His eight-season slash line with the Rays was .255/.336/.422, with three seasons of 42 or more stolen bases, two 80-plus RBI seasons, three seasons with 23 or more homers, and even a .300 batting average in his first full season in 2007. He had become a low-average, low-OBP hitter near the end in Tampa Bay, but the Braves were enticed by his improved power, which they believed would make him a 30-30 (homers/stolen bases) threat for several more seasons.

His average and OPS had eroded in his last seasons with the Rays, but nothing prepared anyone for the precipitous drop-off he experienced in Atlanta, where the Braves’ “dream outfield” of the Upton brothers – Justin in left, Melvin (then known as B.J.) in center – and Jason Heyward didn’t pan out as planned, to say the least.

B.J. Upton hit just .184 with a .557 OPS and minus-1.6 WAR in his first season with the Braves in 2013, and .208 with a .620 OPS and minus-0.5 WAR in 2014.

Upton's two seasons with the Brave (2013-2014) were filled with more frustration than celebration. (Curtis Compton/AJC photo)

Upton’s two seasons with the Brave (2013-2014) were filled with more frustration than celebration. (Curtis Compton/AJC photo)

“When people have talent … some people, sometimes you just have to find the spot that’s comfortable for them,” said Braves outfielder Jeff Francoeur, who is a similar age (32) as Melvin Upton and also a former rooke phenom who experienced early career success, then endured some down years before reviving his career at 31 last season with the Phillies.

“I mean, for two years I pretty much just sucked,” Francoeur said. “I tell you, I did. And I don’t know why. But you knew he had talent, and sometimes it’s just finding it again at a different place. He’s too good and still pretty young, he’s (31) years old. When (former Brave Dan) Uggla went to Washington at the end he was 34, 35, it was a little different. For (Upton) he’s comfortable. That helps.”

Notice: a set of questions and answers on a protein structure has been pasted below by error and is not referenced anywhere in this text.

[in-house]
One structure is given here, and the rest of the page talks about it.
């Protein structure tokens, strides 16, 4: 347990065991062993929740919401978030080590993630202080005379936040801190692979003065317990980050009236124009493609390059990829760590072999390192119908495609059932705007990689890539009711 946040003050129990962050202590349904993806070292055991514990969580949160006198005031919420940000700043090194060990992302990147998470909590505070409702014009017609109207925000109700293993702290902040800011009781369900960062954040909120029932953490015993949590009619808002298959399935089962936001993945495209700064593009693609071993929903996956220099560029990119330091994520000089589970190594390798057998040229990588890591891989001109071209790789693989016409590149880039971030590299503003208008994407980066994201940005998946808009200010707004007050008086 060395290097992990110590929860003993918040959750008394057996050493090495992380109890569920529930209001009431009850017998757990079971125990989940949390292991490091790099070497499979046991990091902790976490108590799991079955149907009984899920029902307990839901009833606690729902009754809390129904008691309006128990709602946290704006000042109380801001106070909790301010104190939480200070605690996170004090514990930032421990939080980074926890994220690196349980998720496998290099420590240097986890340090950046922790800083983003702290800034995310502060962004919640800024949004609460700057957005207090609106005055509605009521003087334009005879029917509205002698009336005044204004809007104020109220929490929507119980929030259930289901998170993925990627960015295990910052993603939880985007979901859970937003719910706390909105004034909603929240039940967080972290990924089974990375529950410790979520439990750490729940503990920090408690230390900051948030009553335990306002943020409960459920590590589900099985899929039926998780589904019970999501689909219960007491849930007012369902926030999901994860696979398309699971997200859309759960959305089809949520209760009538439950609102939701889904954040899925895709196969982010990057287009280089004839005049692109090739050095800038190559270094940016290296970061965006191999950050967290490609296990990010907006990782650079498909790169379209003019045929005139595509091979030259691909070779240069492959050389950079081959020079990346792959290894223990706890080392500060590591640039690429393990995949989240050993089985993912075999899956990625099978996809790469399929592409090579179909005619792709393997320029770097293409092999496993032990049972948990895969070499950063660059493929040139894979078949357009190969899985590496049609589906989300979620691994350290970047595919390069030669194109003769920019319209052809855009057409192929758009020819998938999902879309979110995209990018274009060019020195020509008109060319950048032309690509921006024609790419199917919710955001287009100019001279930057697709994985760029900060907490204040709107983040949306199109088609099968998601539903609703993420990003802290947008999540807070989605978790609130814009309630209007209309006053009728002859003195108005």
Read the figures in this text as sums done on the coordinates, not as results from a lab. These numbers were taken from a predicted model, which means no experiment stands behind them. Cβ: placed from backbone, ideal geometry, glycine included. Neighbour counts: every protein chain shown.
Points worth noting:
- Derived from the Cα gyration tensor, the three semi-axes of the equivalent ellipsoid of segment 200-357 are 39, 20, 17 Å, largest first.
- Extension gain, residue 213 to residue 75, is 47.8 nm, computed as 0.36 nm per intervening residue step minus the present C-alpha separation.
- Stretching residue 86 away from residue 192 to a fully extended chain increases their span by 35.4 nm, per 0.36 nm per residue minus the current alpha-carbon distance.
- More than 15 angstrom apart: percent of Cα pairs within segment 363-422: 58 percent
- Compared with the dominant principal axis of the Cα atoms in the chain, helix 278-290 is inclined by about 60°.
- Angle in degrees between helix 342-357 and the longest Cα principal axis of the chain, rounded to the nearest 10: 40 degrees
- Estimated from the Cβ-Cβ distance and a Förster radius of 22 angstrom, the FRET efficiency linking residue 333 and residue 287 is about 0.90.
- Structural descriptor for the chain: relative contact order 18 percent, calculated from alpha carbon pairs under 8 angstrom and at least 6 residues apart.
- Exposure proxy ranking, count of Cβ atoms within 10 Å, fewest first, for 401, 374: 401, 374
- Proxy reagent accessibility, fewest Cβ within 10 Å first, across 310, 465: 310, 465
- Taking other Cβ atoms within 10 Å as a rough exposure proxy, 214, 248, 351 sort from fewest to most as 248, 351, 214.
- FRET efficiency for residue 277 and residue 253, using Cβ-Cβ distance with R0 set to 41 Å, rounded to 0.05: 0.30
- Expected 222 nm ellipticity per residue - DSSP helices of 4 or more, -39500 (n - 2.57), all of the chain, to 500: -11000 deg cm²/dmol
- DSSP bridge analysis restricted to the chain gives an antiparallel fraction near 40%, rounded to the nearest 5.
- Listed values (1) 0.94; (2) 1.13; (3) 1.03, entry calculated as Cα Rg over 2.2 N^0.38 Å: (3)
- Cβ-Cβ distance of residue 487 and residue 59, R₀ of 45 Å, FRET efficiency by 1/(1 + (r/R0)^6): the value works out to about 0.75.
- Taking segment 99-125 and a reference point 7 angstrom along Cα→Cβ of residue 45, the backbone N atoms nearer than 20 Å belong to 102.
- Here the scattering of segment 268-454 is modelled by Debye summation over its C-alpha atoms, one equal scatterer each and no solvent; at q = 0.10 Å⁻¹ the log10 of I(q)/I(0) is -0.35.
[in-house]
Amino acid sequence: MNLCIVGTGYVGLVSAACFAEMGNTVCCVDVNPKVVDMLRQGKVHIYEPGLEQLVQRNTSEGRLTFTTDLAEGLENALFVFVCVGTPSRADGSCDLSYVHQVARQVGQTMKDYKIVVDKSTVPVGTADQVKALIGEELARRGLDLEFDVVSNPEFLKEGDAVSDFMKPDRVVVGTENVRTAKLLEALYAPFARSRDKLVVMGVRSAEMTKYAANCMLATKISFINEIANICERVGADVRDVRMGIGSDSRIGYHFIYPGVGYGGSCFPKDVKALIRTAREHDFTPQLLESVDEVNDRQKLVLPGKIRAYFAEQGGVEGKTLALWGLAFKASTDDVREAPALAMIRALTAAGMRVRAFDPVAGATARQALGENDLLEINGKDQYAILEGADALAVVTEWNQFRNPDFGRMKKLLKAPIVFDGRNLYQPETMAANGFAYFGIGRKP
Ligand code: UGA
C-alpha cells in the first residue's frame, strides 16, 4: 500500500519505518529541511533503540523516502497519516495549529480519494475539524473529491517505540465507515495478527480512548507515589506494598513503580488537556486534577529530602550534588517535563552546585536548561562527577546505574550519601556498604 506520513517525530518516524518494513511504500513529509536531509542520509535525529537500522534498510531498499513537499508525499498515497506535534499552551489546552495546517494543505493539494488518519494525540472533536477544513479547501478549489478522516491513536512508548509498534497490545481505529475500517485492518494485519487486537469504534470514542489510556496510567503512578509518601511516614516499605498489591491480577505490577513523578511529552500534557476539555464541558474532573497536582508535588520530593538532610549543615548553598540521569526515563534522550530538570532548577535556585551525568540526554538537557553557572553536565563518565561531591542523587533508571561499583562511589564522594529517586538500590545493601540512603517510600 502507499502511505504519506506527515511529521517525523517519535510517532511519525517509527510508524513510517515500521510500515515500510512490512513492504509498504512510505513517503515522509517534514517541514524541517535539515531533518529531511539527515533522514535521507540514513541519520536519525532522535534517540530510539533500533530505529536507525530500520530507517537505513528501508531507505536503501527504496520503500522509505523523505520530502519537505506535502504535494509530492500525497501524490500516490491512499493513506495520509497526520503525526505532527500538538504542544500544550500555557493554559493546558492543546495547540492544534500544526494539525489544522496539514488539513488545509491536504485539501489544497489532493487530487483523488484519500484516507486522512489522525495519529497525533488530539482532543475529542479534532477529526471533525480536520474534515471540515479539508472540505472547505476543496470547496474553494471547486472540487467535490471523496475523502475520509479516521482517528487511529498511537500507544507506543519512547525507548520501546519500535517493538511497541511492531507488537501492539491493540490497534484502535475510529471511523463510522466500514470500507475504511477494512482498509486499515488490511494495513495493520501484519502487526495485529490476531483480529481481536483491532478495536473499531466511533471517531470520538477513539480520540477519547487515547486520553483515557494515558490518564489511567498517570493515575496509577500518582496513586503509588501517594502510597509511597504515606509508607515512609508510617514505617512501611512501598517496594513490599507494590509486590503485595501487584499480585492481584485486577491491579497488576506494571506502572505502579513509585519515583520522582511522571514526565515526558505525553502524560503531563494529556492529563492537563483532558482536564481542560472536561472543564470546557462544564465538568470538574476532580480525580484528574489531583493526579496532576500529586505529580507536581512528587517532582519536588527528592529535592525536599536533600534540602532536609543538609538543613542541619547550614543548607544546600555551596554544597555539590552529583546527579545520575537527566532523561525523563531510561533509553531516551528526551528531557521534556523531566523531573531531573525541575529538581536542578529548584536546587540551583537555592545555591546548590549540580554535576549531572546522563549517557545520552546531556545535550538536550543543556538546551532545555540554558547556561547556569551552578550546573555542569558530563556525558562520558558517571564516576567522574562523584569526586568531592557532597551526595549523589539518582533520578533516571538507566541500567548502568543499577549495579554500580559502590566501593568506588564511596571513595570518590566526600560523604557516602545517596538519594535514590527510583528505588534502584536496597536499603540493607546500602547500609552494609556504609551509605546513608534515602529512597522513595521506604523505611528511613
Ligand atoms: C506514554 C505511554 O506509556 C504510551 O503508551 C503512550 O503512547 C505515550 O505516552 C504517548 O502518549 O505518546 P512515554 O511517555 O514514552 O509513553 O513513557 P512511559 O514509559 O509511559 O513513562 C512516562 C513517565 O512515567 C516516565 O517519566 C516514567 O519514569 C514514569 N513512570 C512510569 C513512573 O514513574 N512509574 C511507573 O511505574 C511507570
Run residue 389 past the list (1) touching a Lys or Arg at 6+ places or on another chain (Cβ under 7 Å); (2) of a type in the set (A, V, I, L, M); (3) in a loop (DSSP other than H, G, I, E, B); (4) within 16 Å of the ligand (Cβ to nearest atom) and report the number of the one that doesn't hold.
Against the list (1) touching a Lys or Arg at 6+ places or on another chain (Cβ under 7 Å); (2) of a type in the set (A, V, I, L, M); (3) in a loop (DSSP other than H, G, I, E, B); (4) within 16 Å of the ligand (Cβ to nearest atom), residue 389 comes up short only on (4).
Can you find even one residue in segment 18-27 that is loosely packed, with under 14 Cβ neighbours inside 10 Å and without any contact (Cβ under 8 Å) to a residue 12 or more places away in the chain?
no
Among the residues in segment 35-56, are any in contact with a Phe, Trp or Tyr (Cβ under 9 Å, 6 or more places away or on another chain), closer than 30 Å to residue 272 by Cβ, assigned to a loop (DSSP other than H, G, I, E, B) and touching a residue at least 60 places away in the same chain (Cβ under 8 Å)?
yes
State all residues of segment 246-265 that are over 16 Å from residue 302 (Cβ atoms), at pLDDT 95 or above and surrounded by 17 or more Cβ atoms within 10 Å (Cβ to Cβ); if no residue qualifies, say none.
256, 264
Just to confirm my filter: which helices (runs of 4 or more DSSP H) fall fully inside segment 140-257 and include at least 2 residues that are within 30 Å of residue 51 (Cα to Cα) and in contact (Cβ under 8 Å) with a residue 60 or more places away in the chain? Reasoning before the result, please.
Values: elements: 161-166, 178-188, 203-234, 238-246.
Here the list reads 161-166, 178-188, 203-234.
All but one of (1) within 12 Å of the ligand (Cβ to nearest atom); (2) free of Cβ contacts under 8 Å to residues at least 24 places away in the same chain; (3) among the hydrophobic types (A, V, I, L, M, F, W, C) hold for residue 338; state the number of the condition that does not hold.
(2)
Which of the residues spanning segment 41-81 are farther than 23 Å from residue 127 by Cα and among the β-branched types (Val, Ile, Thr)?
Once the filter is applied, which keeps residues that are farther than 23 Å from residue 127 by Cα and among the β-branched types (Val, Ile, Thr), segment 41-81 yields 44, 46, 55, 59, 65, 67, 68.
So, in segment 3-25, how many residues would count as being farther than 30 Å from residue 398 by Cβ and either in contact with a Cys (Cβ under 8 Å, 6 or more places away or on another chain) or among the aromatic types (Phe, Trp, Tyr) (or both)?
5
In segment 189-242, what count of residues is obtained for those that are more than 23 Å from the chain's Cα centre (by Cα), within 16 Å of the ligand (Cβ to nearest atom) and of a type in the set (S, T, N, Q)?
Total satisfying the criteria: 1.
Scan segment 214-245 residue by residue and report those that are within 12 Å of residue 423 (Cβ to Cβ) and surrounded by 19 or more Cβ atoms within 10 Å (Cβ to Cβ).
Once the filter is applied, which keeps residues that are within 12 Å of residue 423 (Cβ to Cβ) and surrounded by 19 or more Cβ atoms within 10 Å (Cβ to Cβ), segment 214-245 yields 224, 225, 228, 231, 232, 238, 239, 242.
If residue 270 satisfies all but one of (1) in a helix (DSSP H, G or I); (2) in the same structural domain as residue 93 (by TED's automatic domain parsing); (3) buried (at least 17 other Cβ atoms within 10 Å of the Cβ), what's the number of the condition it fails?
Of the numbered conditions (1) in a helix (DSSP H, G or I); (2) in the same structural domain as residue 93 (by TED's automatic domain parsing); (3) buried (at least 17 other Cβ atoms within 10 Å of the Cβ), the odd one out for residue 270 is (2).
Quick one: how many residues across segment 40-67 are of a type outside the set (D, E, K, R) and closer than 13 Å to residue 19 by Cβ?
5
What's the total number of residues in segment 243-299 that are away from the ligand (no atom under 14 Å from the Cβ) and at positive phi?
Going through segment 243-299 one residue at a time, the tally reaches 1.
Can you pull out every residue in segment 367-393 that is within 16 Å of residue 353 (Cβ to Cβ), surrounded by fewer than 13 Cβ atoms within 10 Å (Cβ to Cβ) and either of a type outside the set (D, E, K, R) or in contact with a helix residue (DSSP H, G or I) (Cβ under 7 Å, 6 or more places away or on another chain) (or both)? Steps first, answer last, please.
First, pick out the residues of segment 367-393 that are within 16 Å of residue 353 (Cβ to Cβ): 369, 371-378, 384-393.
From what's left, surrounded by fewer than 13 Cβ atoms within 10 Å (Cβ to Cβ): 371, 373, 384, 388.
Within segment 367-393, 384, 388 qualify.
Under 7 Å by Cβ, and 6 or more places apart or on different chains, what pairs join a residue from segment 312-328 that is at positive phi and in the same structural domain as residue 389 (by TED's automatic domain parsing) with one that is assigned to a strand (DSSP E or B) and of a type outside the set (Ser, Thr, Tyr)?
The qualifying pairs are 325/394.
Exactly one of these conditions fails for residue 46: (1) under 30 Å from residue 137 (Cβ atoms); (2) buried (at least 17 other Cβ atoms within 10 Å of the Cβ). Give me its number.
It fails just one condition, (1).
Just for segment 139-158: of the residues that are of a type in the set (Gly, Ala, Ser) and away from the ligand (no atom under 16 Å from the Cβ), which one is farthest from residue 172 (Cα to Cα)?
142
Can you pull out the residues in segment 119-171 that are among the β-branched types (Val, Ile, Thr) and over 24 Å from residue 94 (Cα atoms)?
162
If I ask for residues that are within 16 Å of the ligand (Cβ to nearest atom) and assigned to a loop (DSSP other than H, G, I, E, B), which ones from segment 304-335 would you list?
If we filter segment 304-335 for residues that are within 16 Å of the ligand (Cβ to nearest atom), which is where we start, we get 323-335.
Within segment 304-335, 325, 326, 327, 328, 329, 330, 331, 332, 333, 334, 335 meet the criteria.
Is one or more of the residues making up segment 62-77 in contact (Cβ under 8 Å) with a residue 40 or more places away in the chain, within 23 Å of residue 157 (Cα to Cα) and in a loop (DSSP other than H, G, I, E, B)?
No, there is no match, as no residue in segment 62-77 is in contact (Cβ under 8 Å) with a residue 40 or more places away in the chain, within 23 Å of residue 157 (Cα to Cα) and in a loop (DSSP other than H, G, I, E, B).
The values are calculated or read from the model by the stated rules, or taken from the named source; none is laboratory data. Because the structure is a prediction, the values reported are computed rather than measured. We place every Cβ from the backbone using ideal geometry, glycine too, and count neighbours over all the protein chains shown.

After missing much of the first half of the 2015 season with San Diego recovering from a foot injury sustained during spring training with the Braves, Upton hit .259 with a .327 OBP – his best since 2011 – and .429 slugging percentage for a .757 OPS in 87 games with a 1.6 WAR.

This season, he’s hit .243 with a .305 OBP, .381 slugging percentage and a 1.0 WAR in 57 games through Sunday, with six homers, 23 RBIs and 12 stolen bases in 15 attempts.

By the way, he’s fared better through the first one-third of the season than either his brother Justin or Heyward, who are in the first season of monster contracts with Detroit and the Chicago Cubs, respectively.

Justin Upton, after signing a six-year, $132.75 million contract with the Tigers, was batting .220 with a .266 OBP, .325 slugging percentage and just three homers through Sunday, with an American League-leading 76 strikeouts and 13 walks in 214 plate appearances.

Heyward, after signing an eight-year, $184 million deal with the Cubs, hit .223 with a .316 OBP, .299 slugging percentage, two homers, 19 RBIs and seven stolen bases in 48 games through Sunday.

Here’s one from the incomparable Tom Waits, off one of his finest early albums, The Heart of Saturday Night.

“SAN DIEGO SERENADE” by Tom Waits

Tom Waits

Tom Waits

I never saw the morning ’til I stayed up all night
I never saw the sunshine ’til you turned out the light
I never saw my hometown until I stayed away too long
I never heard the melody, until I needed a song.

I never saw the white line, ’til I was leaving you behind
I never knew I needed you ’til I was caught up in a bind
I never spoke ‘I love you’ ’til I cursed you in vain,
I never felt my heartstrings until I nearly went insane.

I never saw the east coast ’til I move to the west
I never saw the moonlight until it shone off your breast
I never saw your heart ’til someone tried to steal, tried to steal it away
I never saw your tears until they rolled down your face.